prior to the casting of the iron. The metal, in turn, was poured each time
at as even a temperature as possible. This practice minimized what we
refer to today as "undercooling" and established close to
equilibrium conditions of solidification.
After pouring, the castings were allowed to cool gradually in the molds to
room temperature. This procedure minimized the stresses in the finished
castings. The Spanish, on the other hand, as pointed out by Martin, cooled
the castings as quick as possible in order to expedite production. Their
practice often involved water quenching the castings, which contributed to
stresses and cracking.
For several years after the defeat of the Spanish Armada, iron founders on
the continent attempted to determine the reasons for the better quality of
the British castings. In 1619, a Dutchman, Jan Andries Moerbeck, proved
that he was on to something new and revolutionary in the art of iron
founding, by applying for and obtaining a twelve year patent involving the
use of iron ore from the Weald of Sussex. By comparing the English ore
having build-in flux, with their flux free, but otherwise good quality
hematite ore, the Dutch developed the use of limestone for fluxing. This
new technique spread rapidly across the continent to Germany, France and,
eventually, Spain, and should be credited as a major contribution in the
development of engineering cast irons.
of modern iron making blast furnace
Refinements in the Process of Making cast Iron
The next significant development, credited to an English iron-founder named
Darby in 1730, was the discovery and production of coke which lowered the
cost of producing cast iron. This development encouraged experiment for
better quality cast iron with improved mechanical properties. As a result,
the French founders tried remelting pig iron in separate, smaller furnaces.
This type of refining resulted in more uniform iron with respect to
chemistry and was another big step toward the development of engineering
grade cast iron. Untill this time, apparently most iron castings were poured
from iron directly from the blast furnace.
The improved quality iron produced by remelting pig iron in separate
furnaces made it possible for James Watt to build the first steam engine in
1765. Watt's steam engine, in turn, was used to provide the air blast for
operating the first cupola build in 1794 by John Wilkinson (1). The
controlled air blast plus the higher melting temperatures in the cupola
further improved the quality of the cast iron. As a result, designers,
engineers, builders and others became more interested in cast iron as an
Applications for the steam engine in such fields as land and sea
transportation, agricultural equipment and, later, electrical poweer
generation, created a demand for large quantities of high quality gray cast
iron. As this demand grew, so did the need for higher strength and better
quality iron requiring more efficient melting equipment, improved charge
materials, and closer control of the melting operations.
The Early Use of Ferrosilicon in Cast iron
About 1810, Bergelius, a Swedish chemist, and, Stromeyer, a German
physicist, operating independently, produced ferrosilicon (1). A mixture of
silica, carbon and iron fillings was melted in a sealed crucible. Stromeyer
produced several grades of ferrosilicon by this method.
Although there appears to be no record as to how the ferrosilicon was used, it
was probably added to the melting furnace. Most likely the iron founders became
interested in a source of silicon because of the differences in silicon content
in the various pig irons produced by the different furnaces due to varying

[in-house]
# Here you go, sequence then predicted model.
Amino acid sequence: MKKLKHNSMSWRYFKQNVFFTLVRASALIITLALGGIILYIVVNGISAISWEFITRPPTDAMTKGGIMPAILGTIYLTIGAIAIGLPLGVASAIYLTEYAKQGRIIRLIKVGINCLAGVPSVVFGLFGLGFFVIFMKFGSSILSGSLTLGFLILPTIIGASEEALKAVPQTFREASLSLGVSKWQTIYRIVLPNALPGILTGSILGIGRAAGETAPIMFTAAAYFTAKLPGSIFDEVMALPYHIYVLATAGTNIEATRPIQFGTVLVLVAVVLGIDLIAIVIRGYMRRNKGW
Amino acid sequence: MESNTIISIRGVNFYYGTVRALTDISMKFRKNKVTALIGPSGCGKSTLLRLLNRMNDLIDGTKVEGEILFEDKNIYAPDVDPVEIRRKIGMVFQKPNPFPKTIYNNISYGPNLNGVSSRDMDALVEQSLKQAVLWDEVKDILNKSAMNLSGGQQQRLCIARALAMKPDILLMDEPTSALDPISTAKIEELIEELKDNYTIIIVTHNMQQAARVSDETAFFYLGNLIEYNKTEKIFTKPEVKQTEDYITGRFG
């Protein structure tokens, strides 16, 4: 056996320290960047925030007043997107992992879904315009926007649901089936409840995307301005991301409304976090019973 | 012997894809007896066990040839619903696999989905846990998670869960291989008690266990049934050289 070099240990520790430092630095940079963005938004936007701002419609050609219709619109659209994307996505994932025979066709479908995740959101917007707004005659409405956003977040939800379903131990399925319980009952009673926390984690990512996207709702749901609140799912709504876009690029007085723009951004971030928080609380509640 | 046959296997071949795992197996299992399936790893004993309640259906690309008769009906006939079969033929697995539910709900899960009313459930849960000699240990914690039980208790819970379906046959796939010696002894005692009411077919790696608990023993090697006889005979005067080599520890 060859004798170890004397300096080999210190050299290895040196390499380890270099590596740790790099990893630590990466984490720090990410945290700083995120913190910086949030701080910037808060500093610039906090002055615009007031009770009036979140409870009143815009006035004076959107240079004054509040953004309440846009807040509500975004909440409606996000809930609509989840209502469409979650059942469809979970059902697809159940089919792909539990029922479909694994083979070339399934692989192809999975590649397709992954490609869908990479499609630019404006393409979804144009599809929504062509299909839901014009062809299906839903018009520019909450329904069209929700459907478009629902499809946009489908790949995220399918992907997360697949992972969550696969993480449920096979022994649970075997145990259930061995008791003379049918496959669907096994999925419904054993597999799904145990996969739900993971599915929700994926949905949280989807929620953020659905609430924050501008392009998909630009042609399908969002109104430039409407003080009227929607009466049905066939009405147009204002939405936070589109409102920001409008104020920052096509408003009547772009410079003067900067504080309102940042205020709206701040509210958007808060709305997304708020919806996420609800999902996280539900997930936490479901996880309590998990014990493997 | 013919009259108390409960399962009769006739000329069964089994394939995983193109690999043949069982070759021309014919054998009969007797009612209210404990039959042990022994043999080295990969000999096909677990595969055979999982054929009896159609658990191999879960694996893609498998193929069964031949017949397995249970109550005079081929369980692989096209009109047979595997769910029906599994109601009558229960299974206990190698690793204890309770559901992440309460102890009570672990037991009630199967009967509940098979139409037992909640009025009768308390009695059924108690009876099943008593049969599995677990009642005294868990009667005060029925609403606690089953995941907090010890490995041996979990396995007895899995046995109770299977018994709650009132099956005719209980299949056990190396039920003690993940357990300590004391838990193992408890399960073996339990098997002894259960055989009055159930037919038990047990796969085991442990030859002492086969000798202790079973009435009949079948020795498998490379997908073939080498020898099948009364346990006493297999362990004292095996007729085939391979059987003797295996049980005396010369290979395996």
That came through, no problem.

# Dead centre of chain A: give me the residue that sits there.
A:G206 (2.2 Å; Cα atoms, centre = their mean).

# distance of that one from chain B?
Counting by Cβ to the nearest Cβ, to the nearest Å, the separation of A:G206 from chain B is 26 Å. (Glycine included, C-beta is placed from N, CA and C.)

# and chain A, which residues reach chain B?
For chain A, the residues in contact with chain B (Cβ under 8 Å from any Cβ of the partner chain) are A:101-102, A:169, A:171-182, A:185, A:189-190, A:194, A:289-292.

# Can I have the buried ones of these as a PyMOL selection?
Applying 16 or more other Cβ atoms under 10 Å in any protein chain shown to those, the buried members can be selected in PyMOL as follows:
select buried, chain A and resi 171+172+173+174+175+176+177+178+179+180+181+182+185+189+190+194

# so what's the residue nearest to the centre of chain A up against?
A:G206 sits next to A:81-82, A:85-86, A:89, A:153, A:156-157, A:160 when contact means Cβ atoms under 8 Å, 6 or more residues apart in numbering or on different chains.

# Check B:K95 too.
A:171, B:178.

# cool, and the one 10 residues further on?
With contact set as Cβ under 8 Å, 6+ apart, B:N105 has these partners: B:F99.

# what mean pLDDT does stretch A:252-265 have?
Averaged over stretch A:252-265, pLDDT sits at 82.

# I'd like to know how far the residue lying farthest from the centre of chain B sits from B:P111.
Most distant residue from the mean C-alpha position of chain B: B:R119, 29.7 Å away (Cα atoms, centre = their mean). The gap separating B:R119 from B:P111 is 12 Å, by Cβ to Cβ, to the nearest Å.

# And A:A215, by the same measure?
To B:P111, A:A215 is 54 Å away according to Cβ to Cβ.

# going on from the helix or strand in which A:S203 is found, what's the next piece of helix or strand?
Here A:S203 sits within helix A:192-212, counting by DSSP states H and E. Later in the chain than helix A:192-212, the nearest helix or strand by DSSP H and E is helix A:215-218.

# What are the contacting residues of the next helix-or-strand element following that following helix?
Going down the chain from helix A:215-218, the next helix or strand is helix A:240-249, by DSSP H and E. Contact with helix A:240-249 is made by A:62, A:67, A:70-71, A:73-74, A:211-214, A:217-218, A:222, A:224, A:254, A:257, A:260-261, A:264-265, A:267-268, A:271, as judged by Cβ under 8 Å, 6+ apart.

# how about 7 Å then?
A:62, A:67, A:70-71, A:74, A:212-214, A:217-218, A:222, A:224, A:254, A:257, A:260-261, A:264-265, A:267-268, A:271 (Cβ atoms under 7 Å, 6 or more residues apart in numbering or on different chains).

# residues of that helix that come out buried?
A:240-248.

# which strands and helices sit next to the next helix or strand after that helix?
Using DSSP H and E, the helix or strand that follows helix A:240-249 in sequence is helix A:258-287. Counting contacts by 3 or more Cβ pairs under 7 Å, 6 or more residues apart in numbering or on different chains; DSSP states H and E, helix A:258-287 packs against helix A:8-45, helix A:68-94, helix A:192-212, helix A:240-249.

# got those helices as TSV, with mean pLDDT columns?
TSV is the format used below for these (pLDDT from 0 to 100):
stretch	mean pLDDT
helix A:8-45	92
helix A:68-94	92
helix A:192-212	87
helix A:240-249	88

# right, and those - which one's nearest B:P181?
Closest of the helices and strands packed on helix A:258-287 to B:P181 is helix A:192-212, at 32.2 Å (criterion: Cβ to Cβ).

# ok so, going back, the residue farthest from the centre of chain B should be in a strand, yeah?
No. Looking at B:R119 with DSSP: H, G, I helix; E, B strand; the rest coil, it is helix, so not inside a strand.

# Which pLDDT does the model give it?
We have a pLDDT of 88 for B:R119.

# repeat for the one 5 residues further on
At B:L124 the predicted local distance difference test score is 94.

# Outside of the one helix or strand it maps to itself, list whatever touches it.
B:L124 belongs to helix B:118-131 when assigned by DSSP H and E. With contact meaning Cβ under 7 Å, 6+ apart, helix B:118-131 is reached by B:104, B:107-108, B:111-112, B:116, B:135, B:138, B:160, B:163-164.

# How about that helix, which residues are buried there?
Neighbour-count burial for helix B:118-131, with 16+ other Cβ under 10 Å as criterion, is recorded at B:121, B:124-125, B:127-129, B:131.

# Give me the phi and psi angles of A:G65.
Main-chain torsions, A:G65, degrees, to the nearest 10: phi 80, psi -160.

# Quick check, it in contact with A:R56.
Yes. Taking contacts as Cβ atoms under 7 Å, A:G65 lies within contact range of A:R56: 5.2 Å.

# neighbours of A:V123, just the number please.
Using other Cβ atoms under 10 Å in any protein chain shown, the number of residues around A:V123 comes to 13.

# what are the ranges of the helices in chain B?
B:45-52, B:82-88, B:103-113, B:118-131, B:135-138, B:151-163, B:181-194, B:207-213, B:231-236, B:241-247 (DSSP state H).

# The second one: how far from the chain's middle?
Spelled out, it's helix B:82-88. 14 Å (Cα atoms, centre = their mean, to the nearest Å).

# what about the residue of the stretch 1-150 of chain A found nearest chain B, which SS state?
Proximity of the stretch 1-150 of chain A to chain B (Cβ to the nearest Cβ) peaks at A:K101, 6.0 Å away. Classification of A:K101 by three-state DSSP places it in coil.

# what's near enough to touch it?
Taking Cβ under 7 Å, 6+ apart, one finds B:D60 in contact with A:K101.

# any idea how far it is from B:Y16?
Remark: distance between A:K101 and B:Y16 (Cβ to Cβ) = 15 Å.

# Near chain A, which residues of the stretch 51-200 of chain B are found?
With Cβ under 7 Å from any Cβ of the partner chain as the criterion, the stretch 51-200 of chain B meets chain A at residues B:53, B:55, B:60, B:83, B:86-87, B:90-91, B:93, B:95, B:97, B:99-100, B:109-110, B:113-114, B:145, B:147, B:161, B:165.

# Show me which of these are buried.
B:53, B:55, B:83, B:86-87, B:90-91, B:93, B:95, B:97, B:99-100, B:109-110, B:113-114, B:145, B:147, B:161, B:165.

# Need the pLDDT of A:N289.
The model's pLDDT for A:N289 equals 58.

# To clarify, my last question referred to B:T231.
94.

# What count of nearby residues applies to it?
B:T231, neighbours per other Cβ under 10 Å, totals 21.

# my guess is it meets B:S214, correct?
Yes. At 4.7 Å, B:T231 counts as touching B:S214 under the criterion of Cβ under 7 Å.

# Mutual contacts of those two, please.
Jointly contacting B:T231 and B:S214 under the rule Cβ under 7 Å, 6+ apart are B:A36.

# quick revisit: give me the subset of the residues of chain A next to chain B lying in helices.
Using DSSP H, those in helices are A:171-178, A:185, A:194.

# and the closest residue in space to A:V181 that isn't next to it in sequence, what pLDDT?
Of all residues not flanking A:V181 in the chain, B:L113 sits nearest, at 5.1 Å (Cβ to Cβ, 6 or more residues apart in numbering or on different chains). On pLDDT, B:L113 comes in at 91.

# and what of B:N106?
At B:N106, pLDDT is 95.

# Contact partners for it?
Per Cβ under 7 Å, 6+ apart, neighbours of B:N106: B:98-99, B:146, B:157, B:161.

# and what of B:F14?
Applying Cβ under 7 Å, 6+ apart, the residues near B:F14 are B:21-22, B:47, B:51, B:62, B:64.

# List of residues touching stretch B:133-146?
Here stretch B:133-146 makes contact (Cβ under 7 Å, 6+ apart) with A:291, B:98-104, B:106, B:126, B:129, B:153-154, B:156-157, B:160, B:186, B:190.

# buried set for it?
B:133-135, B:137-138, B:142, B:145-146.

silica content in the iron ores used. The advantages of higher silicon in making
softer and less brittle irons were obvious. By adding silicon to the furnaces
along with charge materials consisting of scrap and pig iron, the foundrymen
were able to make consistently good quality cast iron. They soon learned that it
was advantageous to have the silicon low in thick section castings and high in
thin section. It is not known that ferrosilicon was added to the ladles in the
early to middle 19th century.
In 1885, Turner (4) ran a number of experiments in which ferrosilicon was added
to white iron to produce high quality gray iron castings. It is reasonable to
assume that the ferrosilicon was added to the iron in the ladle. If so, this
would be an indication that some of the early investigators recognized the chill
reducing potential of adding ferrosilicon to the ladle.
In 1920, G.Schury (5) discussed the use of ferrosilicon briquettes in the
cupola. A discusser of the paper indicated that he had added ferrosilicon to
molten iron as early as 1890 for improving cast iron properties.
The knowledge of silicon control would trigger another series of improvements on
cast iron structures and mechanical properties, a process that in fact is
continuing up till the present day.
Young (Exp Bloomery at St Fagans, Cardiff)
reconstructed medieval bloomery
Evelyne Godfrey, Gerry McDonnell et al Bradford University
Video of operation of a bloomery in Mali in the 1990s by the Dogon tribe
Sweden - experimental bloomery operation (in Swedish)
iron & Steel Industry in the Black Mountains (South of France)
Pierre-Michel Decombeix et al - UTAU, Toulouse (Translation from French)
Smelters Art' - Rockbridge Bloomery, Lee Sauders & Skip Williams
Making of the High Weald
Archaeological Society The
in Sussex Classis
Iron Smelting at Scatness Experimental
Bloomery Site in Wales
Farm Roman Villa smelting experiments
Iron Smelting at Rievaulx Historical
of Materials Science, Oxford University
Ironbridge Gorge Museums - Shropshire UK
Ironworks, Hampshire Duddon
Real Wrought Iron Company The
Wilkinson Family, Ironmasters
du Saint Maurice, in Canada Saugus
Furnace, Massachusetts, USA Hopewell
Furnace, Pennsylvania, USA
de la Métallurgie et de l'Industrie de Liège (in
Ironworks - Sweden
INDEX A - Z
CASTLE - WETLANDS
HEAD - BELL
TOOT (BELLE TOUT) LIGHTHOUSE
SHOW and GYMKHANA
VALLEY - EXCEAT
AND BOROUGH COUNCILS
SHOPS - PIER
SCHOOL - LINKS
THINGS TO DO GUIDE
BATTLE OF HASTINGS
MILL, OLD HEATHFIELD
Electricity Generating Works Circa. 1900 -
Room | Floor
Plan | Ron
Park | Machinery
House | Argus
Construction | Rural
Supply | Sussex
Express 1913 |
Sussex CC | English
Heritage | SIAS
| Archaeology | Dinosaurs
| Evolution | Fossils
| Geology | Mammoths Meteorites
| Paleontology | Plate
Tectonics | Neanderthal Man